|« MS-EMPLOYMENT AND THE ADA||WORLD MS DAY »|
A few weeks ago I was doing so well. I was making all these plans and then "bam" down again- plans cancelled. But after my monthly sol-u-med this month I was back up making plans again.
What a crazy life! No wonder people look at me perplexed sometimes. I can be dragging myself around too tired to think then suddenly I'm better. I'm not a person you make plans with easily.
Today I celebrate my 75th Birthday. And the idea that I have been here for 3/4 of a century just blows my mind. Also the fact that for more than half of this time I have been living with MS, a disease that afflicts my CNS.
Yet,especially at the beginning of the disease I had not always felt ill. There's no doubt there is an importance difference between an illness and a disease. Organs have diseases, people have illnesses. Physicians diagnose disease, patient's suffer illnesses.
Illness is the way a disease complicates the life of the person who has it. Its seriousness depends upon the impairments it causes and how long it lasts. MS is a chronic disease and it can over time also become a chronic illness that can really complicate your life.
Somewhere along the time line of living with MS most people have that gut wrenching moment that this is chronic and there is no cure in sight. I can remember when fatigue and walking any short distance was becoming a real problem. I felt scared and bewildered. "How could this could be happening to me? "
I had a least a week when I couldn't stop crying and asking why,why me? Since then I have found out that most of us who are successfully living with MS have usually had that moment. The moment when the intellectual awareness that MS is a chronic disease becomes a gut realization that it's not going to go away and you know you have to learn to live with it.
This is when we stop waiting for the cure and reorganize our lives to live within new parameters to manage our illness due to our disease of MS. This is not a negative time.This is a time when we retake charge of our life.
Indeed this is when I started to learn how to live on the MS See-Saw. I found that to handle fatigue I had to handle my time well and organization was key. I promised myself that I would no longer waste time and energy looking for things or starting too many projects at once. And if I took up some new activity that would take time I had to give up something already on my docket. Everything had to have its time and place .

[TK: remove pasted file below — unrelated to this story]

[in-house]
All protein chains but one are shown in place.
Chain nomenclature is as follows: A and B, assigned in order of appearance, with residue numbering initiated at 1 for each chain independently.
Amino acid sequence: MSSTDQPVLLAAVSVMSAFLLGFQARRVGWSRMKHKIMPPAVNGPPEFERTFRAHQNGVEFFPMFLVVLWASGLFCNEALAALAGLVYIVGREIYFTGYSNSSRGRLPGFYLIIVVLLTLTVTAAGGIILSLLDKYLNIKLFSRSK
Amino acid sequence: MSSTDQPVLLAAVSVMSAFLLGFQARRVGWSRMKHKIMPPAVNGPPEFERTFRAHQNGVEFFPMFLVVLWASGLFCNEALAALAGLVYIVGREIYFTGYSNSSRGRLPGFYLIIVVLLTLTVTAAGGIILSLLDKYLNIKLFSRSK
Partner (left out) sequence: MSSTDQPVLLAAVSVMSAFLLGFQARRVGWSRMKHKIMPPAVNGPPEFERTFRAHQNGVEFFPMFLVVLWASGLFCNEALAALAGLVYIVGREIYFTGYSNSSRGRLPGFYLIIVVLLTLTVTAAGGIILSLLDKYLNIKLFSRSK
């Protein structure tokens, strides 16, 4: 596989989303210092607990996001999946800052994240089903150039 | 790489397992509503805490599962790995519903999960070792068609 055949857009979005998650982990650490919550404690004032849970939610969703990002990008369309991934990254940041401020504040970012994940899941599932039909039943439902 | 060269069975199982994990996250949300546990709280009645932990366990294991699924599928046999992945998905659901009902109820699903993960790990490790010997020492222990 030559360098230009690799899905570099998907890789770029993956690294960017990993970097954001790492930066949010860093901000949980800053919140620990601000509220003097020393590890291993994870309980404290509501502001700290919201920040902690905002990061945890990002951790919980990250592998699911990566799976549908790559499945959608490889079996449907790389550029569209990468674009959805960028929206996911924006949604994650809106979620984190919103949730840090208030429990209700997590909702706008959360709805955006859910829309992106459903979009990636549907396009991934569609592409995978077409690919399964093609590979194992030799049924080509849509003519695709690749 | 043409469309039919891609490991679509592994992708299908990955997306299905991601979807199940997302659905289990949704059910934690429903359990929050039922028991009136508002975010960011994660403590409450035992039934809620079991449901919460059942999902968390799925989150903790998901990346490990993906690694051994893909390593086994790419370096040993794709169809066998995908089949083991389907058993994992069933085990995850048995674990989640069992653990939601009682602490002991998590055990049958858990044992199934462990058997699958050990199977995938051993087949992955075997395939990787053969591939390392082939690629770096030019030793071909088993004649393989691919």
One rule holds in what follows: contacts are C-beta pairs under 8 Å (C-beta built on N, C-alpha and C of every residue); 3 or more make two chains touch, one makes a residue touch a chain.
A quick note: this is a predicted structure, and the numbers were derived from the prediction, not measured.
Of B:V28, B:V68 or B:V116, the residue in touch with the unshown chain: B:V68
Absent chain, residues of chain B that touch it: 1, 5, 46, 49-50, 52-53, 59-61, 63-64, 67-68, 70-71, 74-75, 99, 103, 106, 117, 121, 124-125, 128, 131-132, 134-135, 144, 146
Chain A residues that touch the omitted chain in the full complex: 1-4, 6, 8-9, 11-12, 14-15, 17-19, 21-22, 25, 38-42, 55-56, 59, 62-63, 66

As problems with cognitive processing (mostly memory retrieval)annoyed me to no end I started using lists and other aids and I am still continuing to find ways to help myself with that.
I also decided that I was no longer going to be the person who told my neurologist "I would never ever need to use a wheelchair" when he recommended I use one for longer distances. Indeed over the years I have welcomed the decrease fatigue and bodily discomfort with the use of the appropriate assistive device when I needed it cane,walker,wheelchair etc.
And along my timeline I adapted my environment with ramps,wider doors,shower seats etc.as I needed them. And doing so became natural and appropriate.
I also began to truly appreciate the value of rest. The afternoon nap, resting before events, and planning ahead for a large event absolutely had to include rest before and after.
Lastly but importantly I have found pacing myself with the activities I do throughout the day has enabled me to live a much fuller life.
This doesn't mean that I haven't "fallen off the wagon" so to speak as I'm only human. But it really hasn't worked to push myself or deny reality so I always come back home to respecting my limitations.
One other factor that's been very helpful in my managing the MS See-Saw and live well has been the advance of science. The value of the knowledge gained about MS through research and the advent of pharmaceuticals to help us manage our illness better cannot be understated. It seems that it all started with the development of the first interferon drug Betaseron to reduce the severity and the amount of MS relapse's and hopefully disability.
I used Betaseron and it was helpful for years then as it became less effective I was switched to Rebif and had a pronounced turn for the better. I also have had other drugs that have been helpful. For fatigue Provigil, for pain Pamelor then I was switched to Cymbalta which was even more helpful.
Right now my monthly infusions of sol-u-med are also helping. And I'm looking forward to being able to use Ampra to help with my walking. But even if it's embarrassing I can't forget my bladder. With the use of Oxybuytnin I don't have to worry about wetting my pants and intermittent catheterization has saved me from repeated bladder infections.
As I now enter the last ¼ of my century I feel very positive. There is no doubt that knowing that the research in MS is continuing and that new medications are on the horizon is encouraging. And If getting better is not in the cards for me I do hope and pray that I keep most of what I have now physically and mentally.
I think what's most important remains a loving, supportive family and friends who understand and are willing to pitch in and help when you need it. And of course have things you have yet to do, places you have yet to visit, folks you have yet to meet, books I've yet to read etc..
My message for those younger people starting to live with MS and those who feel like your now on the MS See-Saw remember you still can have a good life. It may not be what you thought it would be but you can make it a good life. A life well worth living maybe for a whole century.
Live your life well ellie
|<< <||> >>|